A defendant’s competence to stand trial can be reassessed after he has been committed to the state hospital but before he has been transferred for treatment. The trial court found Carr incompetent to stand trial for murder and other offenses and committed him to a secure treatment facility. While he was awaiting transfer, the medical director of the Department of State Hospitals opined that Carr was malingering. Over Carr’s objection, the court authorized a forensic psychiatrist to determine Carr’s possible competence to stand trial. The psychiatrist opined that Carr was malingering and filed a declaration and certificate of competency. Thereafter, the trial court scheduled a competency trial, which Carr challenged by a petition for writ of mandate/prohibition on the basis that court should not have allowed his competency to be reassessed before he had been transferred for treatment. After the Court of Appeal denied the petition, the Supreme Court granted review and transferred the case to the Court of Appeal with directions to issue an order to show cause. Held: Petition denied. When an accused is found mentally incompetent, the court must suspend criminal proceedings until competency has been restored. (Pen. Code, § 1370.1, subd. (a)(1)(B).) Once suspended, the court must order that the accused be transferred to the state hospital or developmental center for care and treatment. However, contrary to Carr’s contention, there is no prohibition against reassessing competence before an accused has been transferred. “Instead, the statute requires that when the medical director of the state hospital determines a defendant has regained competence, ‘the director shall immediately certify that fact to the court.'” (Citing Pen. Code, § 1372, subd. (a)(1).) After analyzing the applicable statutes, the court concluded that state hospital officials may certify a defendant’s restoration to competence without first placing the defendant in a treatment facility.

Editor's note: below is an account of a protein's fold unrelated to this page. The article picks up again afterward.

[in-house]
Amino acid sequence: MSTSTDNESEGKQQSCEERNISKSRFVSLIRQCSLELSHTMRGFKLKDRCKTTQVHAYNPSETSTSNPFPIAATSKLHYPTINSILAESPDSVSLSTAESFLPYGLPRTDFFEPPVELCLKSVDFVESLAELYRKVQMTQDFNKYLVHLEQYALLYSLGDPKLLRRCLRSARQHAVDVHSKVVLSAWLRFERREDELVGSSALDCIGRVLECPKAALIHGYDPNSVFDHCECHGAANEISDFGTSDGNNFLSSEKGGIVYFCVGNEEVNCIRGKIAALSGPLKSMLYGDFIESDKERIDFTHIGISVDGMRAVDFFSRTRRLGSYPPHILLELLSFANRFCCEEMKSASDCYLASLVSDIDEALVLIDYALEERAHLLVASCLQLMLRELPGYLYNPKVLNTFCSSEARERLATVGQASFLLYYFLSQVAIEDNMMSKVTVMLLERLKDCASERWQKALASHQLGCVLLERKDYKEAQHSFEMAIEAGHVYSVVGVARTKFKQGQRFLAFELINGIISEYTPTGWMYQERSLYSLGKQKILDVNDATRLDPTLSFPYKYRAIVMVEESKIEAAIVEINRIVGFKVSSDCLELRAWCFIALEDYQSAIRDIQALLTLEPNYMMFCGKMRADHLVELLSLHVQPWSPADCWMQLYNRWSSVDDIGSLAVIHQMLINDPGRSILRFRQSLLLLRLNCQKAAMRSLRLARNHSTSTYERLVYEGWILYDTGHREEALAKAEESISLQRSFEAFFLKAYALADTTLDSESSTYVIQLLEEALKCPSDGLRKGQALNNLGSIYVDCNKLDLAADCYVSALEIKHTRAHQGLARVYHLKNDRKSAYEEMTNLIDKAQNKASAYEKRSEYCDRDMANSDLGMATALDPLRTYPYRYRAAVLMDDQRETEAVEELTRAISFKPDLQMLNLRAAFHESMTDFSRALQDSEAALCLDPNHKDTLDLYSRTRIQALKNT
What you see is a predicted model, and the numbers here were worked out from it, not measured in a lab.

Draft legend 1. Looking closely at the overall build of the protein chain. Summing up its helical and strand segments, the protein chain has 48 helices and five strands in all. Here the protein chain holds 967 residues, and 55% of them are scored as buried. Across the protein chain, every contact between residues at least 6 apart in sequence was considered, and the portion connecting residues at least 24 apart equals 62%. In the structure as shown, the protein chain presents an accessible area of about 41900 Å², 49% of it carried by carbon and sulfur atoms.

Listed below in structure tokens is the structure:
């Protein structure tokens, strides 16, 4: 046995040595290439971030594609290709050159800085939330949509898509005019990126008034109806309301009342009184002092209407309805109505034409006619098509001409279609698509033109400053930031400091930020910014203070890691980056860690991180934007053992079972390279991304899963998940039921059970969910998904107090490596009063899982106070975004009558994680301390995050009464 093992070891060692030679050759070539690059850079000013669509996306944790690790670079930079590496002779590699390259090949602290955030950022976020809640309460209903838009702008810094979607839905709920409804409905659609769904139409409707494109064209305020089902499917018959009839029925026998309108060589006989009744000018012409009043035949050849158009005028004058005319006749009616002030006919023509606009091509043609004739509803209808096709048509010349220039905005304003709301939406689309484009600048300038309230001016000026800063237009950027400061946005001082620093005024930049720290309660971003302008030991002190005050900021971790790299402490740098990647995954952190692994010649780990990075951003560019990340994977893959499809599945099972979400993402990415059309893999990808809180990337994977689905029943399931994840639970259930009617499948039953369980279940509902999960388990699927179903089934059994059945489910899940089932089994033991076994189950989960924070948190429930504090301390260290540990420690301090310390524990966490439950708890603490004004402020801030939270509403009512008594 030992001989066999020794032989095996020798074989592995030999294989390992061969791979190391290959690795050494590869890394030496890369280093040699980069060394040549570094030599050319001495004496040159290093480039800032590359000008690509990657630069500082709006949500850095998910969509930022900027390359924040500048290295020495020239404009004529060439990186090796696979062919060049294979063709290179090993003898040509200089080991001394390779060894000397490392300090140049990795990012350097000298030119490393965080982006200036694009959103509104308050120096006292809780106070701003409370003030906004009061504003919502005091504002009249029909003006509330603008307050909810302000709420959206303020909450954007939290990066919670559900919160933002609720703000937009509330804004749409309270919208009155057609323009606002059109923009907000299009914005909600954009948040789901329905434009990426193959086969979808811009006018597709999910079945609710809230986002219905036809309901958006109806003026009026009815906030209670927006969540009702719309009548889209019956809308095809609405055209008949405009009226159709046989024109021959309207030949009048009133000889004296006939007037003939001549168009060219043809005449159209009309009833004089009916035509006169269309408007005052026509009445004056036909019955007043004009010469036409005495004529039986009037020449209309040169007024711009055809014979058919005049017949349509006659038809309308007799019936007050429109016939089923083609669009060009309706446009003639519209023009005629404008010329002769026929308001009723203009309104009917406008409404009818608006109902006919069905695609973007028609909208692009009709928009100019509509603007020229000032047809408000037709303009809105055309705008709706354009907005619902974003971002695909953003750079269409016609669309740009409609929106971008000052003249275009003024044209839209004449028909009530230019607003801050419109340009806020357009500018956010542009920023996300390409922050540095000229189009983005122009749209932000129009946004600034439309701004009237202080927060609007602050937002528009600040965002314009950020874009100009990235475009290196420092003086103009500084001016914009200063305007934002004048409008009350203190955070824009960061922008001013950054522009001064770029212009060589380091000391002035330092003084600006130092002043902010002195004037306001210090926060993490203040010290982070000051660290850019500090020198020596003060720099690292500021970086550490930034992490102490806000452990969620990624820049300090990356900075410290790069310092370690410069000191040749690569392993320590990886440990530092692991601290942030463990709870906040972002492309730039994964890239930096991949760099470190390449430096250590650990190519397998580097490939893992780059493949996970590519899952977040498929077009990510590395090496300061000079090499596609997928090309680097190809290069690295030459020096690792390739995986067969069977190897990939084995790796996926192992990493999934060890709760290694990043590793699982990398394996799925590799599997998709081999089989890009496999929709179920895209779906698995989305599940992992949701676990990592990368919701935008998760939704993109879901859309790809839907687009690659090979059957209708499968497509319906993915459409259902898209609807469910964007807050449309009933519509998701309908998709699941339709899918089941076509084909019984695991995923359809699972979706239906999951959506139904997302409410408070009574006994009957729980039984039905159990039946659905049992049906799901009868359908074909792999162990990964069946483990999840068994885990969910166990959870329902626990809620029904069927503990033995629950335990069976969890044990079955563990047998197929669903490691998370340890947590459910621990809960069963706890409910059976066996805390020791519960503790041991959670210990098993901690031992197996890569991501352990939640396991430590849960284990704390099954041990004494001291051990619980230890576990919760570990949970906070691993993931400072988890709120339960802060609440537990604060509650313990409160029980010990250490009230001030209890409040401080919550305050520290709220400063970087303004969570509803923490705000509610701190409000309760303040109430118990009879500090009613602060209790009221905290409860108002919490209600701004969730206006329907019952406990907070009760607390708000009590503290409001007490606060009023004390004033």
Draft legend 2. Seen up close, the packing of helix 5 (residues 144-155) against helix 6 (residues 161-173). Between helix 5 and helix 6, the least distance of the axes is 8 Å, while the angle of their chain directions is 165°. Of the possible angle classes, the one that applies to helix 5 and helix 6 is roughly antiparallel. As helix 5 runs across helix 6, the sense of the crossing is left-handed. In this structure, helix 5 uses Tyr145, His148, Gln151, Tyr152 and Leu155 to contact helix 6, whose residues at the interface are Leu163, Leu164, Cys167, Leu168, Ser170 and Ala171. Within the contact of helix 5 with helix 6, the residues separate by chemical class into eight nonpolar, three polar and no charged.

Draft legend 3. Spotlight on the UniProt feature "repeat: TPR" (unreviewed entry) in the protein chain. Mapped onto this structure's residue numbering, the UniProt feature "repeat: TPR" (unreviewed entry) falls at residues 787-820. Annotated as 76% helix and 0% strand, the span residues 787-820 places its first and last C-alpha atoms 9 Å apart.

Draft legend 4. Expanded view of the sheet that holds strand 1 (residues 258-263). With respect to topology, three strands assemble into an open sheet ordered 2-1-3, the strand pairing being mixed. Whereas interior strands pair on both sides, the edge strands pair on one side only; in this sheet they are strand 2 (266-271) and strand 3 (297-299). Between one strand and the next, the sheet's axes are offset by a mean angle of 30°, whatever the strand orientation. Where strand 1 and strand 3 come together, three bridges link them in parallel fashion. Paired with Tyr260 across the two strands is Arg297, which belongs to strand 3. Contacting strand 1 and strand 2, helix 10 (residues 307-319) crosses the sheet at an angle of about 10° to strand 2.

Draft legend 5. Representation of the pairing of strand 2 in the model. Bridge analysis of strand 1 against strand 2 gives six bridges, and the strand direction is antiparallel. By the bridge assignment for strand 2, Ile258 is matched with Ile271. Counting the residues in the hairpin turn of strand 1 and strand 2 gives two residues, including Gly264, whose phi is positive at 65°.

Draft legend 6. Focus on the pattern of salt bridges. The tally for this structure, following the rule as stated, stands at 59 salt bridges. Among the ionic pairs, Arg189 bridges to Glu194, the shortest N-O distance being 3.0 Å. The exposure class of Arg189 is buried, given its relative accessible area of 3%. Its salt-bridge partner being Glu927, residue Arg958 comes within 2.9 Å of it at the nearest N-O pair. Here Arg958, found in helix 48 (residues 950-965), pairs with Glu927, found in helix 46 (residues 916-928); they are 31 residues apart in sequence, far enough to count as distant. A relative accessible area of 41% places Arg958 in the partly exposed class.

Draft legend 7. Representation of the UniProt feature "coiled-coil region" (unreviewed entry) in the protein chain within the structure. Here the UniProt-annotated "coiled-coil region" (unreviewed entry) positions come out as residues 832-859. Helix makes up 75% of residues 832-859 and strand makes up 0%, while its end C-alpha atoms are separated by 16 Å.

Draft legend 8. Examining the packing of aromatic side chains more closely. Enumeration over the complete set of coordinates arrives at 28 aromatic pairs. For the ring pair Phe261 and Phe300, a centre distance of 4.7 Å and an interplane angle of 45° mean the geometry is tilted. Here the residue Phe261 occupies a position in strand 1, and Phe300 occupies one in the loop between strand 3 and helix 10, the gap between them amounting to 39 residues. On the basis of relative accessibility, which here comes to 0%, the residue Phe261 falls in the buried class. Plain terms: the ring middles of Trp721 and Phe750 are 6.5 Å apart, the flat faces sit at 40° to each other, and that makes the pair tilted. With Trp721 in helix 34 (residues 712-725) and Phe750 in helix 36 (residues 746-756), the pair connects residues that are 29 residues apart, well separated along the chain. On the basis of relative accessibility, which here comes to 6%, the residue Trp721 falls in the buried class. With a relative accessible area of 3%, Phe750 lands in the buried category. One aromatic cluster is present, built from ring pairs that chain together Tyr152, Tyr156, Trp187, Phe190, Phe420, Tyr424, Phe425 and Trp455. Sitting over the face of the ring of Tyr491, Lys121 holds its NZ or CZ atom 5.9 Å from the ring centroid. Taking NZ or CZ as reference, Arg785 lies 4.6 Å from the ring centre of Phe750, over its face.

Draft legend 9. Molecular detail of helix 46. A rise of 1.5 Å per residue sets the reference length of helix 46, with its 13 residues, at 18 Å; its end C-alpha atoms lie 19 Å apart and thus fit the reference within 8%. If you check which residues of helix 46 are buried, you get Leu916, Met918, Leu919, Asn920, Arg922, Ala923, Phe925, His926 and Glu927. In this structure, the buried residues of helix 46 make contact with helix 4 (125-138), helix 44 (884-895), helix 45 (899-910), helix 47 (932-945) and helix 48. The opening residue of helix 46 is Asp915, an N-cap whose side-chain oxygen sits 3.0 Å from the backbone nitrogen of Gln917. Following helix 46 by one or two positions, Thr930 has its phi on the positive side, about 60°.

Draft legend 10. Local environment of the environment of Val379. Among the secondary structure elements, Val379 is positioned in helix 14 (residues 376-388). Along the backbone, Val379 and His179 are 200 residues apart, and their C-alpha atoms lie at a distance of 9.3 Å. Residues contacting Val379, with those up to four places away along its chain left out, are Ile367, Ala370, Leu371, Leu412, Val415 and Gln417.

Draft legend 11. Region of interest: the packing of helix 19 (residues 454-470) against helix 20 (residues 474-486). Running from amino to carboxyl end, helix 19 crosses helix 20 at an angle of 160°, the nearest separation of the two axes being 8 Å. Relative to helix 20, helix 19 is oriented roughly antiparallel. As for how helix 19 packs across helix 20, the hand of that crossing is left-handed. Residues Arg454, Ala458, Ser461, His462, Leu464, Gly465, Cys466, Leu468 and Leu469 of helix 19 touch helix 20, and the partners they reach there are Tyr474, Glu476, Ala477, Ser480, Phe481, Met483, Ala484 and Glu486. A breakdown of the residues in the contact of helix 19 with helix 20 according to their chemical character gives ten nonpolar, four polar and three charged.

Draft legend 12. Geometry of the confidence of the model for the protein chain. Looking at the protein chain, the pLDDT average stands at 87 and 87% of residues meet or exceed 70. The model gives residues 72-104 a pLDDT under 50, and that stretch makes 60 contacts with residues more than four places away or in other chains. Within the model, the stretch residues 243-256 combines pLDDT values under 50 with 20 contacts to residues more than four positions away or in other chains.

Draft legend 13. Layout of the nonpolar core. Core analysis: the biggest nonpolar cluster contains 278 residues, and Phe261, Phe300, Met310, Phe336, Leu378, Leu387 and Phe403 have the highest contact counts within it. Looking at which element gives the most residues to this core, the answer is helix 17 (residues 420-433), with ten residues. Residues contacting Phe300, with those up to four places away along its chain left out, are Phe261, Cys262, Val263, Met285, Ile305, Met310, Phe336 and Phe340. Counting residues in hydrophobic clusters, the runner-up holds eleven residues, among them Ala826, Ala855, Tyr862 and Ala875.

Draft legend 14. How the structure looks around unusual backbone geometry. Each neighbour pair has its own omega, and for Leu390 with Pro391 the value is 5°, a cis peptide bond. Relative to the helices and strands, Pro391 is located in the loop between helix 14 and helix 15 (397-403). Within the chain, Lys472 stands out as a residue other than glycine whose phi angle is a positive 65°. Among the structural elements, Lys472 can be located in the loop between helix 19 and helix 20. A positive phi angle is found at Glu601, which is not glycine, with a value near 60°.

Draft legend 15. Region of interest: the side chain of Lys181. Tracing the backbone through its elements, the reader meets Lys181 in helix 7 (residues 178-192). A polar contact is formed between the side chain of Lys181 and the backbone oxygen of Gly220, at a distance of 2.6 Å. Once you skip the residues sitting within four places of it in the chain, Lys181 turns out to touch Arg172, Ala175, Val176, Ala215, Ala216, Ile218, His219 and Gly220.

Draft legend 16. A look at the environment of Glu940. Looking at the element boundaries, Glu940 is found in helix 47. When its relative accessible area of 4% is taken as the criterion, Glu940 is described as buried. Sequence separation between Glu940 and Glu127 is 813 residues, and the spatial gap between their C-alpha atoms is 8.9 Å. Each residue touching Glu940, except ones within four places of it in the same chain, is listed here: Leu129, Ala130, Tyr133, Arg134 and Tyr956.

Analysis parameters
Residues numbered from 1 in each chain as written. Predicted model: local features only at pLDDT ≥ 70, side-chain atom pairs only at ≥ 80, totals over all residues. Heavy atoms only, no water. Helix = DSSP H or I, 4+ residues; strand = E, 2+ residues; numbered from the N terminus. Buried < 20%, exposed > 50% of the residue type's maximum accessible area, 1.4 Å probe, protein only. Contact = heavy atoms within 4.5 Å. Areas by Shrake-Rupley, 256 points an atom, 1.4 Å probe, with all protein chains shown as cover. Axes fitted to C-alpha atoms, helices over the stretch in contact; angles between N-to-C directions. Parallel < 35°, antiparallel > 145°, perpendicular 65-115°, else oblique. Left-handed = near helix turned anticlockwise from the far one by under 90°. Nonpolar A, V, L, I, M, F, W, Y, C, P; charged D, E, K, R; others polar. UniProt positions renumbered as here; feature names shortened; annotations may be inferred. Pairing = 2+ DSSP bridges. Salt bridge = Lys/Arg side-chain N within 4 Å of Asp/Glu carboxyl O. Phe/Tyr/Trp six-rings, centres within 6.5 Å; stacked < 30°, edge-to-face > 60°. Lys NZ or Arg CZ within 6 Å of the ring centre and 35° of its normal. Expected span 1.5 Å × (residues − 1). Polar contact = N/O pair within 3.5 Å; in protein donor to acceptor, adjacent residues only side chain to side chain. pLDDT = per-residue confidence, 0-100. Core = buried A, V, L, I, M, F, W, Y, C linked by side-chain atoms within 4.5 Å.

The full opinion is available on the court’s website here: http://www.courts.ca.gov/opinions/documents/A147957.PDF